How Can You Tell If Your Baby Is Head Down And Common Cases Of Fetus

Pregnant women often worry about their baby’s position in their womb as this may be an indication how they will be delivered. The only way to tell for sure, however, is to have an ultrasound scan. 


Some clues, on the other hand, may give pregnant women an idea of how their babies are positioned for the meantime. As the pregnancy progresses, it will become easier to determine how your baby is positioned. Here are some of the typical signs that indicate fetal position.

Head Down Position

Head down position is also known as cephalic presentation. This is often used to describe babies are positioned with their head first. This delivery position is considered the most common one and the safest in childbirth.

As a pregnancy progresses, a health care provider can check the position of the baby to make sure that the baby is already in cephalic presentation. However, pregnant women should note that it is the natural tendency for the fetus to fall into a cephalic fetal presentation.

The shape of the uterus is designed in a way that cephalic presentation is promoted as the fetus grows larger and space becomes limited. However, there is also a tendency for the baby to lie in other presentations other than cephalic or head-down. Some fetal presentations can be dangerous for both the mother and the baby.

Identification Signs

  • If you have a lump on the left or right upper part of your tummy, you can try pressing on this part gently. If you feel that your baby moves, this is suggestive that he is already in a head-down position.
  • On the other hand, another indicative sign that your baby is already in a head-down position or cephalic position is when you feel his hiccups just below your belly button.

Your baby’s other movements will also feel different depending on which side he is facing.

  • Your baby is in an anterior position or head down with his back on the front part of the tummy when you feel your baby’s movements just below your ribs. In this position, your belly button may also pop out.
  • If your baby is in a posterior position or head down with his back against your back, your baby’s kicks are felt right in front of your tummy. In most cases, the tummies of pregnant women with babies in posterior position often look flattened out.

Bottom Down Position

Popular Cases

The bottom down position is also referred to as breech presentation. About three to four percent of babies assume a breech presentation. This fetal presentation is categorized into three positions: frank breech, complete breech and footling breech.

  • Frank Breech presentation is considered as the most familiar breech position. This means that the baby’s bottom is down and his legs are pointing upward with his feet near his head.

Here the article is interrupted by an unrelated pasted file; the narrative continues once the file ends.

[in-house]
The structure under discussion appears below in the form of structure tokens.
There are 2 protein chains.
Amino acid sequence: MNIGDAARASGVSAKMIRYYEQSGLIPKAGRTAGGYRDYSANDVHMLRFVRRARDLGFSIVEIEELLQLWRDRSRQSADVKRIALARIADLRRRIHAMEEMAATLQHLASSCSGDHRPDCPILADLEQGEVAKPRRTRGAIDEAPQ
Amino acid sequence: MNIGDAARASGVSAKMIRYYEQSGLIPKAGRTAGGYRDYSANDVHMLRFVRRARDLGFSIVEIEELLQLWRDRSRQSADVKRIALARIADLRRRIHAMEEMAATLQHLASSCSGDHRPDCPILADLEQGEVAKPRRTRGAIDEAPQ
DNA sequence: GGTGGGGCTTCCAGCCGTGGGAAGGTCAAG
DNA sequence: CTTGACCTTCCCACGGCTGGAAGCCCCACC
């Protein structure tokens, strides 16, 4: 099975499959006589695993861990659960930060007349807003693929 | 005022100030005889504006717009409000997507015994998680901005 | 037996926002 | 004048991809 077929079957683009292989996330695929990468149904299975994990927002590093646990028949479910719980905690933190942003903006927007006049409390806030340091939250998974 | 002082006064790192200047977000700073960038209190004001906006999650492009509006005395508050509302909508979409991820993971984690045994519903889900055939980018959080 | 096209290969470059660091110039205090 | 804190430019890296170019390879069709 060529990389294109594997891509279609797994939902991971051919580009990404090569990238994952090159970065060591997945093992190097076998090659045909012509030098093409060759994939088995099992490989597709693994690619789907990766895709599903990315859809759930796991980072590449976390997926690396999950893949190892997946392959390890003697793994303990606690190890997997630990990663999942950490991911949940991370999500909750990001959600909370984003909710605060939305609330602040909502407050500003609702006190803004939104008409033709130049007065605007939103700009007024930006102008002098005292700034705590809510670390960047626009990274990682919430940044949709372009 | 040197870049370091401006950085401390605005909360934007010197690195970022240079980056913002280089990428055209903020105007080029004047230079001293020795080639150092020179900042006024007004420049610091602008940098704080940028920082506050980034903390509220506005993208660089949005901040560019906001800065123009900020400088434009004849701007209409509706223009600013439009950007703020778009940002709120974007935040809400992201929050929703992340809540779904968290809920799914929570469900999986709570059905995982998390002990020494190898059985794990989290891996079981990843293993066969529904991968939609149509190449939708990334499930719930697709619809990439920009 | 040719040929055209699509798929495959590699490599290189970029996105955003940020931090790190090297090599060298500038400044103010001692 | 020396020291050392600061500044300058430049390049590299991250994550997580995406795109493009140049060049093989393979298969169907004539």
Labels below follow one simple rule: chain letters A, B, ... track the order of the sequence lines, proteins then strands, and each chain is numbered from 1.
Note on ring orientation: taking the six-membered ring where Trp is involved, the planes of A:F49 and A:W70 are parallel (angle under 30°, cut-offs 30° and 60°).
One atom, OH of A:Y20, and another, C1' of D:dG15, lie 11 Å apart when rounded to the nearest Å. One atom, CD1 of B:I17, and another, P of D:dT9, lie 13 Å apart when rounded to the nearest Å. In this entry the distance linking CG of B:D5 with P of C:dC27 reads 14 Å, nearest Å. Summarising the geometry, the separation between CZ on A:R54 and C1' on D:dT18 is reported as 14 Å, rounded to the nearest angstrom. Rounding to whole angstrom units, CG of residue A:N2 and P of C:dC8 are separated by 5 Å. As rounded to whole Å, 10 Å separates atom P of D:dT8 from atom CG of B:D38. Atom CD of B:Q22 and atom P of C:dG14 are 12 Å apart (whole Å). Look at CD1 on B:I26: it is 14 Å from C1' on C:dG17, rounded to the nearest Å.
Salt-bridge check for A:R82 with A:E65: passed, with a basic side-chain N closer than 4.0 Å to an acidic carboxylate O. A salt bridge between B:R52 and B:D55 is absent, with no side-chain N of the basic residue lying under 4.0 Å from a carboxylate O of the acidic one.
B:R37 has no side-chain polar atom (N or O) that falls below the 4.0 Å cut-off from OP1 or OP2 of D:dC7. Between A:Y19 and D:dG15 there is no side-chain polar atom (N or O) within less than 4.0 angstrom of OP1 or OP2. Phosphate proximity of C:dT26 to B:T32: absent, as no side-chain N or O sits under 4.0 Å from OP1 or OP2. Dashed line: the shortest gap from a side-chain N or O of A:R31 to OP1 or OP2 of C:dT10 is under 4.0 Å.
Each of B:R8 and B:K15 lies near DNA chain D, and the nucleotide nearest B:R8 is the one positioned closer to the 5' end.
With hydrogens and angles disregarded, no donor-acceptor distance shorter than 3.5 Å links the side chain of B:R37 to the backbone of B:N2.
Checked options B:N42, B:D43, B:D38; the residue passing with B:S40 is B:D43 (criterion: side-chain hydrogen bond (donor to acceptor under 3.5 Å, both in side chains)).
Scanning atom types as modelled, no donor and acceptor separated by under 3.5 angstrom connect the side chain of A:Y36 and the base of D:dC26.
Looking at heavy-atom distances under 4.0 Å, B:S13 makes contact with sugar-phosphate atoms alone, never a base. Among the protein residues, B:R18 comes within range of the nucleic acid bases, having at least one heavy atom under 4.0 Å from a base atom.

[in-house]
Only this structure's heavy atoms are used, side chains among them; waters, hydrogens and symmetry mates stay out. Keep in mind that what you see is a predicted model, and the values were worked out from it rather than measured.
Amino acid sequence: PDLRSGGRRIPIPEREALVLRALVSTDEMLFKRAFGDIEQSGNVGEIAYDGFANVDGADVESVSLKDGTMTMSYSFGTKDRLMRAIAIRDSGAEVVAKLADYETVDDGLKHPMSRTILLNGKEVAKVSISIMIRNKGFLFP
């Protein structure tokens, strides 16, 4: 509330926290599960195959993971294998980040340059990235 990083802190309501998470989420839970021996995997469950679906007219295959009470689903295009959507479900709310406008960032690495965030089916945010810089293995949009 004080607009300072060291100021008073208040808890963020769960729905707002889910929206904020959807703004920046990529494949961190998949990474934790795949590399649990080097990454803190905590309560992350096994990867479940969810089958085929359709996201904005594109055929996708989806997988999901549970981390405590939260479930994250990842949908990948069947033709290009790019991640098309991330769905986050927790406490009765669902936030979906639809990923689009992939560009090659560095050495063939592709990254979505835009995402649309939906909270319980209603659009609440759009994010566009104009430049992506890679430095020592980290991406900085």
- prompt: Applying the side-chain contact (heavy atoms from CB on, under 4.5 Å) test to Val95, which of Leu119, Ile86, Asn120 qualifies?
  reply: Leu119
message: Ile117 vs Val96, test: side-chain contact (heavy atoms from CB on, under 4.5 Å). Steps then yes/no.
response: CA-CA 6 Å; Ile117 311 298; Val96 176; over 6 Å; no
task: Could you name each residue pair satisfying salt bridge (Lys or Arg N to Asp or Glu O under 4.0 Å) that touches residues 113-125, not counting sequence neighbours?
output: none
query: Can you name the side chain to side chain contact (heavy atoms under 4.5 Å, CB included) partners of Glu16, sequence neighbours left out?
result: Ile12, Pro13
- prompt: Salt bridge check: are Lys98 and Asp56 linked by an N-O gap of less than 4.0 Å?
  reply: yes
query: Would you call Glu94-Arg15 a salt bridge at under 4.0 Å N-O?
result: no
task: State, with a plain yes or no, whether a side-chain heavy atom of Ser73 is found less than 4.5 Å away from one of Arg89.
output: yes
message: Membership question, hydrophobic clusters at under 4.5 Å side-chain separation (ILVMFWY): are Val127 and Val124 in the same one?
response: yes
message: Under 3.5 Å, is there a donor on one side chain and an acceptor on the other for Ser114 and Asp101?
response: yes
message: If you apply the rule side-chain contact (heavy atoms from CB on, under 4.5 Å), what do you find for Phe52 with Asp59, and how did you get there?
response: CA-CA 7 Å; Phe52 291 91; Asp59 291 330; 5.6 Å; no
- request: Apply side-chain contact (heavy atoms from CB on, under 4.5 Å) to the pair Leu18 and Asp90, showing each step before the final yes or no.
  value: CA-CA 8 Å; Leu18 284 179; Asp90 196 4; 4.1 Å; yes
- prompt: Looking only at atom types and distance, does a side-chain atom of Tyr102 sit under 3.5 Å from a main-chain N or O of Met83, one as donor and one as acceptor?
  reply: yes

• On the other hand, the complete breech presentation is noted when the baby’s head is up, and her buttocks are down. In this position, the baby is sitting cross-legged in the womb.
  • Lastly, footling breech position is characterized by the baby’s head up with one or both of his feet hanging down.

Breech presentation is considered an abnormal position. This can be dangerous for both the mother and the baby. Also, this may require a caesarean section delivery.

Identification Signs

If your baby is in a bottom-down position, the clues to this position will depend on the position of the legs and whether the baby is in an anterior or posterior position.

  • For instance the baby is in frank breech position, the baby’s kicks are going to be felt around the ribs.
  • However, if the baby is in a complete breech position, the kicks will be felt lower or just below the belly button.
  • In most cases, a hard and rounded lump are going to felt just under the ribs. This lump is the head of the baby and may be very uncomfortable.

If the baby is facing backward or in an anterior position, fewer movements are felt. This is important to note as not all pregnancies are the same. It could be that the normal fetal movements for one expectant mother are not the same with another pregnant woman. Instead of comparing with other mothers, it is important to note what is normal for your baby.


Since a baby’s position inside the womb can often change, especially during the second trimester, the position is often determined at 36th to 37th week of the pregnancy. The position may be determined by a midwife or a doctor. For confirmatory testing, however, an ultrasound scan may be prescribed.

On an expectant mother’s side, however, knowing the clues that determine the baby’s position can help reassure and prepare for the possibility of a normal delivery or a caesarean section delivery. Knowing how to tell if the baby is head-down will provide pregnant mothers peace of mind as they await the delivery of their bundles of joy.

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Kathy W. Garrett

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